Judicial Watch • Students At Public College Must Read Pro-Islam, Anti-America Book

Students At Public College Must Read Pro-Islam, Anti-America Book

Students At Public College Must Read Pro-Islam, Anti-America Book

SEPTEMBER 09, 2010

 

In a new low for the nation’s famously liberal academic institutions, a public college in New York is forcing incoming students to read an America-bashing, pro-Islam book authored by a Muslim professor who justifies Palestinian suicide bombings as desperate reactions to military occupation.

The Brooklyn College freshman class of about 1,500 must read “How Does It Feel to Be a Problem? Being Young and Arab in America,” which draws a parallel between the institutionalized discrimination and injustices that blacks suffered a century ago and Arab-Americans post 9/11. Muslims have gone from simply invisible to being regarded with suspicion and even actively pursued by the evil U.S. government, according to the book.

It features the immigration stories of seven Muslims and the horrible discrimination they’ve encountered since Islamic terrorists attacked the U.S. in 2001. “Muslims and Arabs are scrutinized for sedition at every turn” and Arab-American life includes “substantial government surveillance and repression,” according to the author (Moustafa Bayoumi), who has been labeled a “radical pro-Palestinian” by a Brooklyn College graduate who served in U.S. Marine intelligence.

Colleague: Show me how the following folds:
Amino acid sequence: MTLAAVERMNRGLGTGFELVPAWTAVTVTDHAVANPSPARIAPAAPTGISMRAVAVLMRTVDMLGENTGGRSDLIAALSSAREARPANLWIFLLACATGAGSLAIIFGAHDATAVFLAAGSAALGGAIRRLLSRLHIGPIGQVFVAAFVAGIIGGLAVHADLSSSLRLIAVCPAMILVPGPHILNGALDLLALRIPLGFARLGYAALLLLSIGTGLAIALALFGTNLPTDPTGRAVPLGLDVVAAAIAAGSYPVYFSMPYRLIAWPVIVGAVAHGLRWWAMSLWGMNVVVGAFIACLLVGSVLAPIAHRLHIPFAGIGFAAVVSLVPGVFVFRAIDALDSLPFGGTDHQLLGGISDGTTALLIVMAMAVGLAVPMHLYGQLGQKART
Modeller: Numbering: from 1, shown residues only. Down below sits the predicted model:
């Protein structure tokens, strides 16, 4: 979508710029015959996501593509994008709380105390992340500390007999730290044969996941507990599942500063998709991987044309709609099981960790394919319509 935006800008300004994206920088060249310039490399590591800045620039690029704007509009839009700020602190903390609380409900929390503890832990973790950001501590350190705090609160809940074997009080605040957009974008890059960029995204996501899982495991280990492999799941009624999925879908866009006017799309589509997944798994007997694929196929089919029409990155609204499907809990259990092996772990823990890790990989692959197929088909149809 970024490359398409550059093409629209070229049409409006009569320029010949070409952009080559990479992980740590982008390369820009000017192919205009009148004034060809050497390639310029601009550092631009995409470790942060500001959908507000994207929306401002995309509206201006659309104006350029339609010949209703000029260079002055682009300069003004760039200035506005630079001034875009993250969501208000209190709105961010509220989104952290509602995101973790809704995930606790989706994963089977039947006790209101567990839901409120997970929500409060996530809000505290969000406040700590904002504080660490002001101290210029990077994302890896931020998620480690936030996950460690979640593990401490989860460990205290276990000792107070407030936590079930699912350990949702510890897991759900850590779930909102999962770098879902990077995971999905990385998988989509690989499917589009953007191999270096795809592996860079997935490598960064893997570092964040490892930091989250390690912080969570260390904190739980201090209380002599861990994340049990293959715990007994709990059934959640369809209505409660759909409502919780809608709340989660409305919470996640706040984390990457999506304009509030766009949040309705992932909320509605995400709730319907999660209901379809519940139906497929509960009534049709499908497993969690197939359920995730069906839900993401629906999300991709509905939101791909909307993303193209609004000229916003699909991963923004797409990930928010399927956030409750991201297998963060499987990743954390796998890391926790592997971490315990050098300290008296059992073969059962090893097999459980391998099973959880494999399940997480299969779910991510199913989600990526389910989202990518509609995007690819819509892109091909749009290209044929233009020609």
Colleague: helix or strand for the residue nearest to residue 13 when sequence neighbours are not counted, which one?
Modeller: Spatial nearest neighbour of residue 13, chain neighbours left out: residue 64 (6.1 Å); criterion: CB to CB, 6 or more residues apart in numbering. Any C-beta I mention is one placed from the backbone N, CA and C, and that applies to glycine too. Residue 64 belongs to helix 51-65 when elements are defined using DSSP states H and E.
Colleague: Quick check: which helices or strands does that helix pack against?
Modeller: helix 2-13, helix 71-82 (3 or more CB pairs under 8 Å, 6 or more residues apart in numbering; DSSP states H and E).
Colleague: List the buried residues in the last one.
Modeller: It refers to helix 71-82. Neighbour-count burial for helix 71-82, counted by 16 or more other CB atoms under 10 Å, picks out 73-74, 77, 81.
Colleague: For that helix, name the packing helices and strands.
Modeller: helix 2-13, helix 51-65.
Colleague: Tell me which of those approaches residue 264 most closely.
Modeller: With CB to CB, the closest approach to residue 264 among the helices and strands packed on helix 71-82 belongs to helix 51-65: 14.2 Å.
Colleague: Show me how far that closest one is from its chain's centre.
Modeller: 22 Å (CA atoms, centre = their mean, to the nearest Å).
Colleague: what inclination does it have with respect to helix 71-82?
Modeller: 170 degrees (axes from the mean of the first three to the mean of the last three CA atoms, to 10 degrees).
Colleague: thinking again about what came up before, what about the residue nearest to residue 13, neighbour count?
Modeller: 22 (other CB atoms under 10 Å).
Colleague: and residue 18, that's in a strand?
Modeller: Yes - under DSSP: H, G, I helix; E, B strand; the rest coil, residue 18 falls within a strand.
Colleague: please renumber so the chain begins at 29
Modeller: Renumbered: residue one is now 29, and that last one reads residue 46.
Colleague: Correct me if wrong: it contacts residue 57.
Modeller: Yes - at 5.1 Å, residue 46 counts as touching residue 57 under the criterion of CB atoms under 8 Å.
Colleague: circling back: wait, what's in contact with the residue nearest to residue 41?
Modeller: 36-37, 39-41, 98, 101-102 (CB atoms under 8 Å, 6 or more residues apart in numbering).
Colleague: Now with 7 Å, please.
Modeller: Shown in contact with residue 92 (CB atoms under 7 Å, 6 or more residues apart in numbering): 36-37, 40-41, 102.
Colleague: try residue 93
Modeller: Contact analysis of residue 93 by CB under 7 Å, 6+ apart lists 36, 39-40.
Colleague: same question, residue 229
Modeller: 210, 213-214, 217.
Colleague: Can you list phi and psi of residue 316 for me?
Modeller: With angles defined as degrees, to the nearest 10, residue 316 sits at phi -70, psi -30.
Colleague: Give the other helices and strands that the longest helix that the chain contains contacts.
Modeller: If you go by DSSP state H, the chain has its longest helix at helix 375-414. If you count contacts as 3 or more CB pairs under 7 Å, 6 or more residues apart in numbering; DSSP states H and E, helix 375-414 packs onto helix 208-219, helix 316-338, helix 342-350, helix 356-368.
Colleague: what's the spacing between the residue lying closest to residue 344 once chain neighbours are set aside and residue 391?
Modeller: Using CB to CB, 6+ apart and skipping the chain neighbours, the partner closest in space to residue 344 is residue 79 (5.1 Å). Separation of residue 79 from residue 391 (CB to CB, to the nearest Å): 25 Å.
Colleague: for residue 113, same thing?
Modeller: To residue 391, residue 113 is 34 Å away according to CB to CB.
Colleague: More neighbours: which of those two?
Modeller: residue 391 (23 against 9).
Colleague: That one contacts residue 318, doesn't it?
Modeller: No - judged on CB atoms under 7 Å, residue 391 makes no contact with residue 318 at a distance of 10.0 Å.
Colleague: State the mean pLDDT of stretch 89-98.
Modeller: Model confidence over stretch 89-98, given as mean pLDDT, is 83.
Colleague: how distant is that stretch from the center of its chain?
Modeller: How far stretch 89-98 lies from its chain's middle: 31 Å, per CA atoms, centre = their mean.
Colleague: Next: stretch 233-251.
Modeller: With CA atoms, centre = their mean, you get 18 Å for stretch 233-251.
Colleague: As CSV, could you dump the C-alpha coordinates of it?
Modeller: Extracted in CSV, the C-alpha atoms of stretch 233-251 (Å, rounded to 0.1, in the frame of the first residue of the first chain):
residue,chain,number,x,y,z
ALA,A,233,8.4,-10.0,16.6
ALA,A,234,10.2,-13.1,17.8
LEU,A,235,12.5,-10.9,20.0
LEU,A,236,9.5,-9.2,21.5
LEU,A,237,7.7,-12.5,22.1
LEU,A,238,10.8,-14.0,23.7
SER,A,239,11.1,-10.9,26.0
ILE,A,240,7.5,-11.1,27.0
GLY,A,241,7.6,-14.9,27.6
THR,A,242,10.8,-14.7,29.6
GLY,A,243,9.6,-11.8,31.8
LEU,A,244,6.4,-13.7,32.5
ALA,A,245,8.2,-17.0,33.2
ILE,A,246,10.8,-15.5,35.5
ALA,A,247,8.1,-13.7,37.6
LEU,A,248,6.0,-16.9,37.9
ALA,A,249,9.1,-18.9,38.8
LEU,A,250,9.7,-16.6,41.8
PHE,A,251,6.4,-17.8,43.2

Furthermore, Professor Bayoumi claims in his book’s afterward that “spies and government informants have penetrated Muslim-American communities” and that we’re living through a “slow creep of imperial high-handedness into the rest of American society, performed in the name of national security and facilitated through the growth of racist policies.”

While this can all be dismissed as the ranting of yet another iconoclastic leftist academic, keep in mind that young students at a U.S. taxpayer-financed college are having it shoved down their throats. This is “academically incorrect” and “makes a mockery of education,” according to a local newspaper editorial that calls Bayoumi’s book a “polemic.”

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